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Date: Tue, 29 Mar 2016 13:21:21 -0700
From: Christopher Lane <>
To: Rich Felker <>
Subject: Re: musl licensing

On Tue, Mar 29, 2016 at 1:03 PM, Rich Felker <> wrote:

> On Tue, Mar 29, 2016 at 10:21:25AM -0700, Christopher Lane wrote:
> > >> If this is still bothering them, would it make them happy to put some
> > >> "end of legal text" marking above that paragraph?
> > >
> > >
> > Short answer: not really, no.
> >
> > Long answer: every time I mention this to them, I get the same answer.
> If
> > the license file includes any ambiguity by including things like
> > speculation on the copyrightability of the work, it's safer for us to
> just
> > avoid it.  The potential penalties for copyright infringement are
> > astronomical.
> >
> > I understand (and agree) that the COPYRIGHT file is the most natural
> place
> > to put comments on whether content should be copyrighted, but these are
> not
> > merely inert comments.  Like code, a license file needs to be correct
> > before it can be convenient.  Introducing text like "It is our belief and
> > intent that these files ... would not be subject to copyright" is
> > equivalent to introducing undefined behavior because we just don't know
> how
> > a court might interpret it.  You wouldn't be satisfied with that
> ambiguity
> > in your code; I'm asking you to treat your license the same way.
> >
> > Listen, if we're asking you for too much, I get it.  This is not our
> > project.  We didn't pour years into it, you did, and you have to do what
> > you think is right.  If it's beyond your personal ethics to claim
> copyright
> > over the trivial files and public headers you wrote, then that's the way
> it
> > is.  I'll be sad, but we'll deal with it.
> >
> > Or, if you want, I can set up a chat with one of our lawyers for you.
> I've
> > been so far unable to convince them to bend on this, but maybe you'll
> have
> > better luck.  You're certainly welcome to try, anyway.
> I would like that. I really want to make this work, but I do not want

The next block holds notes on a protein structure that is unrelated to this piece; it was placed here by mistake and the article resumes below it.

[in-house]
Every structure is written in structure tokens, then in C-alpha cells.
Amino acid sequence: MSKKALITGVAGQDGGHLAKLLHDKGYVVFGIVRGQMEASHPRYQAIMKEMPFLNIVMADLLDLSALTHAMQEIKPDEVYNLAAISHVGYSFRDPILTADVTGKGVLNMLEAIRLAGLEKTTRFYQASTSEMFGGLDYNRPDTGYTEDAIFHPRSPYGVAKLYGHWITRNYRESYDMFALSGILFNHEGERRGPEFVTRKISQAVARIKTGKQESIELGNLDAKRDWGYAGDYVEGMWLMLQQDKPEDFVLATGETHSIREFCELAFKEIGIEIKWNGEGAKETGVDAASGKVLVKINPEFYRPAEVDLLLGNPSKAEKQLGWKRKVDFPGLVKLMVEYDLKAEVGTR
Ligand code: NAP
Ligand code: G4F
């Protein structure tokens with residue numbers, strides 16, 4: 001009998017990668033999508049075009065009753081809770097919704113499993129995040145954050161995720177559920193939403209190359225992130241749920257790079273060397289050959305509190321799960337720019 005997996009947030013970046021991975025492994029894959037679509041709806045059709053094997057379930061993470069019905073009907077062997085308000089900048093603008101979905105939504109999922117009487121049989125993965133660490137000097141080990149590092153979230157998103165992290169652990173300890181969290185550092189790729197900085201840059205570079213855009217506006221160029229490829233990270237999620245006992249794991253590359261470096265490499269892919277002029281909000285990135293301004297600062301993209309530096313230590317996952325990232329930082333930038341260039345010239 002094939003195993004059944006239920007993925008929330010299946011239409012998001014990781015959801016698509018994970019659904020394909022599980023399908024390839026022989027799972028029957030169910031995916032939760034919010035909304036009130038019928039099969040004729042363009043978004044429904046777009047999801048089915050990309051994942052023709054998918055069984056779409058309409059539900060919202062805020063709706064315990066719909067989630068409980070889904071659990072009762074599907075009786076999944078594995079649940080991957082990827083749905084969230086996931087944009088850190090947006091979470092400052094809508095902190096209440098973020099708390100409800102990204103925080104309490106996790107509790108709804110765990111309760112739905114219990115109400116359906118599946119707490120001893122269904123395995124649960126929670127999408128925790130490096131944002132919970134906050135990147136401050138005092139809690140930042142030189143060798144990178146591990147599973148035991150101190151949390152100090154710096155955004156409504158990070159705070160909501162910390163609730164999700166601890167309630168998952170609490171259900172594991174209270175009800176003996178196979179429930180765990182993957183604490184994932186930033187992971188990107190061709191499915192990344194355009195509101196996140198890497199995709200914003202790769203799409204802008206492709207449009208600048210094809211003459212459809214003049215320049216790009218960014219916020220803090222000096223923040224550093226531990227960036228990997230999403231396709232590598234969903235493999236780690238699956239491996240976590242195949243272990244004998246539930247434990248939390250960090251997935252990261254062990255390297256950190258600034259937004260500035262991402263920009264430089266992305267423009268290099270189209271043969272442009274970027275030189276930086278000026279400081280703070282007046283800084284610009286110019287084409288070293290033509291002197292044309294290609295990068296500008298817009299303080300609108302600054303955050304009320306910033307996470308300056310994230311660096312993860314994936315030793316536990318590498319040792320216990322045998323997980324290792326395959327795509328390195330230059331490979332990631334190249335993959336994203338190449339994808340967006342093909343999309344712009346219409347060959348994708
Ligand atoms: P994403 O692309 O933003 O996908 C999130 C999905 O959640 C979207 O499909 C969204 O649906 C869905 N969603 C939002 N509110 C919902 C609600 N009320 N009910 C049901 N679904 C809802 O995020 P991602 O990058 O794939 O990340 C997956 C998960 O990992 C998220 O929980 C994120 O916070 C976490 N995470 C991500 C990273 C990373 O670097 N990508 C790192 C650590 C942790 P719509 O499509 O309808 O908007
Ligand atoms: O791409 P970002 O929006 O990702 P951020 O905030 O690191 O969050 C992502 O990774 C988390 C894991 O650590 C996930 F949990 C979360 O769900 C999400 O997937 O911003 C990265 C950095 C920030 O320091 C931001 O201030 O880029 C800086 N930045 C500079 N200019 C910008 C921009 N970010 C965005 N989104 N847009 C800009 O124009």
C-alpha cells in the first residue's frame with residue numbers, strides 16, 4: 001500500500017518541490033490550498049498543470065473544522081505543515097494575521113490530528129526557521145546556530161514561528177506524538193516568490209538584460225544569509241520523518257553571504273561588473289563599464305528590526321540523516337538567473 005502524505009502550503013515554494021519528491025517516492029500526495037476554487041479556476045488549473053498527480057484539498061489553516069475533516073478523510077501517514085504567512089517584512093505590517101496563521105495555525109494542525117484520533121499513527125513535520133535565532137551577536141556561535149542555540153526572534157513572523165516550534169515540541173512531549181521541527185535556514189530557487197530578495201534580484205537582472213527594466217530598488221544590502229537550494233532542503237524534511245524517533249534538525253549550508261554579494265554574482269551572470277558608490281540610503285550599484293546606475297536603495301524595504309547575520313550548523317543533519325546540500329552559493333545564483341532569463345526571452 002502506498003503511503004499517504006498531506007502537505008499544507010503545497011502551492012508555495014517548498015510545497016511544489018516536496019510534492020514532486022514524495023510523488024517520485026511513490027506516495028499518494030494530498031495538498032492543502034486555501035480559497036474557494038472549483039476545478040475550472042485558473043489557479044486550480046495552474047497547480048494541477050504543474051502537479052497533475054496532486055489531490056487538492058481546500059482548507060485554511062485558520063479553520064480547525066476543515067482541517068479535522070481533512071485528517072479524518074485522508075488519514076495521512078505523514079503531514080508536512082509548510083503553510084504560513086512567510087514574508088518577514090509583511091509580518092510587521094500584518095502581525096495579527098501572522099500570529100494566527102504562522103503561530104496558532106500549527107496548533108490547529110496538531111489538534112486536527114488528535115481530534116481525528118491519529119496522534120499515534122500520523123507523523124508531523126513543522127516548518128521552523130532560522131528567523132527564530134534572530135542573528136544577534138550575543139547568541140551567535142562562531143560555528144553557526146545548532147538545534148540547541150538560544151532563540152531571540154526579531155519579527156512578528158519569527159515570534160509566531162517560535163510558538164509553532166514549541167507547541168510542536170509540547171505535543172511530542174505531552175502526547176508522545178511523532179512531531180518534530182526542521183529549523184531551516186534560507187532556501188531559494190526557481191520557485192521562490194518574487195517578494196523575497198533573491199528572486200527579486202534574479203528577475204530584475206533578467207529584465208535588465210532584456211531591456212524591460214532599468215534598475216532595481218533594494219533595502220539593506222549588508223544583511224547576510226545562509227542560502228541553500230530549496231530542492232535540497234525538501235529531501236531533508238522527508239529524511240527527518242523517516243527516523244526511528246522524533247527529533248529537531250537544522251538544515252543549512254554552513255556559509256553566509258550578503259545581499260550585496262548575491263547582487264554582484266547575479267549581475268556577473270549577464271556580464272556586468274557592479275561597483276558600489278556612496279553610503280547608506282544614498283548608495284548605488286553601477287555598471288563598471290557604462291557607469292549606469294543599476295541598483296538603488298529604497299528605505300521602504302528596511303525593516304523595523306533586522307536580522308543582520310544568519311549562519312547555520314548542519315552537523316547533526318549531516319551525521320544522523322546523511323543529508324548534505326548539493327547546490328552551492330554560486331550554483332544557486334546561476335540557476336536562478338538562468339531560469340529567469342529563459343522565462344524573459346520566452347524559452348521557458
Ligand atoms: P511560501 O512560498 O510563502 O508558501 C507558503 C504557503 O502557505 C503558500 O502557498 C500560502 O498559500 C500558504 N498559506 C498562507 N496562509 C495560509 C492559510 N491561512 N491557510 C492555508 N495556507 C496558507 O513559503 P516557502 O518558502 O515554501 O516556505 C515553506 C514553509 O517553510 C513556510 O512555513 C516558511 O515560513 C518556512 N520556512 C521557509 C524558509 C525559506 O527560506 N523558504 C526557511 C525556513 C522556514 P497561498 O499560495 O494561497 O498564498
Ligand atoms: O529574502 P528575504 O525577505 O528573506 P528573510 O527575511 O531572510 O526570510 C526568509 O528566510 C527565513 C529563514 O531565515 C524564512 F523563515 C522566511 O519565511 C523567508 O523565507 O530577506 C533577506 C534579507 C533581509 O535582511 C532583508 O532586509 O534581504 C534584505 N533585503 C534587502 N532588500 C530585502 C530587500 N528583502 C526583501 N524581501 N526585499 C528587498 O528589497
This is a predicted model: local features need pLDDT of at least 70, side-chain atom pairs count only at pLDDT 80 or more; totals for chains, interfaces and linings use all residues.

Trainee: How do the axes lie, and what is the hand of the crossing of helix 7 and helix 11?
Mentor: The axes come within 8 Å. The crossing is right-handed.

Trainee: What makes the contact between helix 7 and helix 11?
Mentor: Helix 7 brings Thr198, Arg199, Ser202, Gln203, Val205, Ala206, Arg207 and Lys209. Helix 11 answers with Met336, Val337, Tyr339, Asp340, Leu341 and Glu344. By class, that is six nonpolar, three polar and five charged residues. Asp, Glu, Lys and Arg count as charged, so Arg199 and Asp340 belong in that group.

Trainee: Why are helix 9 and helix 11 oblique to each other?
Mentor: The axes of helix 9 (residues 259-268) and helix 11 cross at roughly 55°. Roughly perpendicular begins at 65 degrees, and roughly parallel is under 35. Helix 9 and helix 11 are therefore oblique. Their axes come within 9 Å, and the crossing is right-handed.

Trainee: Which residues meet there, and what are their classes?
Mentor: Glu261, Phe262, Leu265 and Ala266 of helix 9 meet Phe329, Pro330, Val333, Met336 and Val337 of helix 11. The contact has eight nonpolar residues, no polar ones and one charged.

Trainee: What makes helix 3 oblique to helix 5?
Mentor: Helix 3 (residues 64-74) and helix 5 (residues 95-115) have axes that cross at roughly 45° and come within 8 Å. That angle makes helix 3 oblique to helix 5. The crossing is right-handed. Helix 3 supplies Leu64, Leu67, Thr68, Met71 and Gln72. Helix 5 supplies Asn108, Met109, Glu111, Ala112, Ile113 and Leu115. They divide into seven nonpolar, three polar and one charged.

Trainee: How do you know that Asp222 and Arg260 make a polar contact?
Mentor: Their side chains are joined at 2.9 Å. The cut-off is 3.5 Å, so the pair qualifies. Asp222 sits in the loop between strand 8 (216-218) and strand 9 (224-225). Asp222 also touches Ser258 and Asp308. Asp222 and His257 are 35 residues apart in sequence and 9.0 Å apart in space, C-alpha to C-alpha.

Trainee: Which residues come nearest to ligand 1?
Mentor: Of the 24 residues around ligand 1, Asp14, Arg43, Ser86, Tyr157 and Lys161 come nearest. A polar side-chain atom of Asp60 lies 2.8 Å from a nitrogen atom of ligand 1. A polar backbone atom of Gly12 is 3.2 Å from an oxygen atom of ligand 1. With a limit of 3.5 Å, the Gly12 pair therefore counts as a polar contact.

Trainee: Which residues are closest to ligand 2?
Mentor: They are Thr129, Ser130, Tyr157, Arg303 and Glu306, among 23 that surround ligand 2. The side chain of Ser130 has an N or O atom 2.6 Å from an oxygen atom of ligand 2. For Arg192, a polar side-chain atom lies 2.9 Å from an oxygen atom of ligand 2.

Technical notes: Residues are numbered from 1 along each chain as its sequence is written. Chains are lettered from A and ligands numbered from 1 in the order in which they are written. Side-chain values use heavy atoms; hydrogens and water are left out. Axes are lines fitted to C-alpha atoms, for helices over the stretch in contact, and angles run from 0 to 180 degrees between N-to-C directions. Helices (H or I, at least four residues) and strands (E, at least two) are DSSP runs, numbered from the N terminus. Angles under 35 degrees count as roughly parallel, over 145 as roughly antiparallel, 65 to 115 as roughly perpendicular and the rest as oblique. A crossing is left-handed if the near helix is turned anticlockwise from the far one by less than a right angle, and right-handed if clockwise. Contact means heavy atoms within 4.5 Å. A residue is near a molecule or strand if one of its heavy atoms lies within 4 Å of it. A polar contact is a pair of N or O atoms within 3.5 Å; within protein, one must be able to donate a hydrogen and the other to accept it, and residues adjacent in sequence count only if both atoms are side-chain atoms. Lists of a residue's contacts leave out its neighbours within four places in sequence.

> to be taking arbitrary demands to scrub expression of opinion.

Awesome.  I emailed you separately to determine logistics.

> Some specific questions for them, which we could discuss directly or
> which you could convey to them first if you like:

I'll forward these on ahead of time so he can have good answers prepared.

> 1. If the problem is file boundaries ("if the license file
> contains..."), would this be any different if there were no "license
> file", only one big README, and both texts (statement of opinion, and
> copyright/license statements) were in the same file but separated by
> section headers? I'm not really proposing doing that (although it's
> one potential silly solution) but rather trying to draw out the
> absurdity (as I see it) of deeming text that specificially says it's
> NOT license text as if it were just because it's in the same file.
> 2. Taking that in the other direction, what good does it do burying a
> record of our beliefs about the matter? It's not like we can erase
> past statements. Taking the text out of the COPYRIGHT file increases
> its distance in space and time from the license text, but it doesn't
> change the fact that they were published together in the past. If
> anything I think it's a disservice to parties who are (IMO wrongly)
> concerned about the implications of such beliefs not to disclose them.
> Having clarified text in the same place puts emphasis on the intent
> that they not conflict and that we actually put effort into clarifying
> where there was a perceived conflict.
> 3. I understand lawyers want to minimize risk. I don't understand how
> a statement of opinion that, if it were deemed relevant and deemed
> true by a court, would imply that we (actually nobody) has standing to
> sue creates any risk. To use the UB analogy, when someone reports a
> claim of UB, we actually want to see a code path that leads to UB
> happening (without UB already having occurred by violating an
> interface requirement), not just a claim like "if variables X and Y
> have values A and B, UB results". Of course if there's a proposed
> change that's simpler and doesn't require tracking down if UB actually
> occurs, we'd just consider that outright, but when the current code
> has advantages, there should be a real motivation to change it. If
> we're going to treat the matter here as a "bug report" against the
> COPYRIGHT file, I want to have an understanding of the alleged bug.
> 4. I'd also like to understand what the claim-copyright vs
> not-claim-copyright distinction they're making is. As an analogy,
> suppose I've written a math textbook containing "1+1=2" in it. The
> statement "1+1=2" is most certainly not subject to copyright, and my
> saying that (within the text or outside it) does not draw into
> question the copyright status of the textbook. I really don't see any
> difference between this example and what we're saying here with
> regards to these files. We are claiming copyright (and asserting a
> right to do so) for the work as a whole. The statement of opinion is
> on the matter of these files taken by themselves. If the problem is
> just that this isn't clear, maybe there's a trivial way to clarify
> that and make everybody happy.
> I know this has been a tedious process of back-and-forth and is using
> lots more time (on both of our sides) than we'd probably like. But I
> do want to see something good come out of it. Let's arrange a chat
> with the lawyers (this probably can/should be done off-list) and see
> what comes out of it.
> Rich

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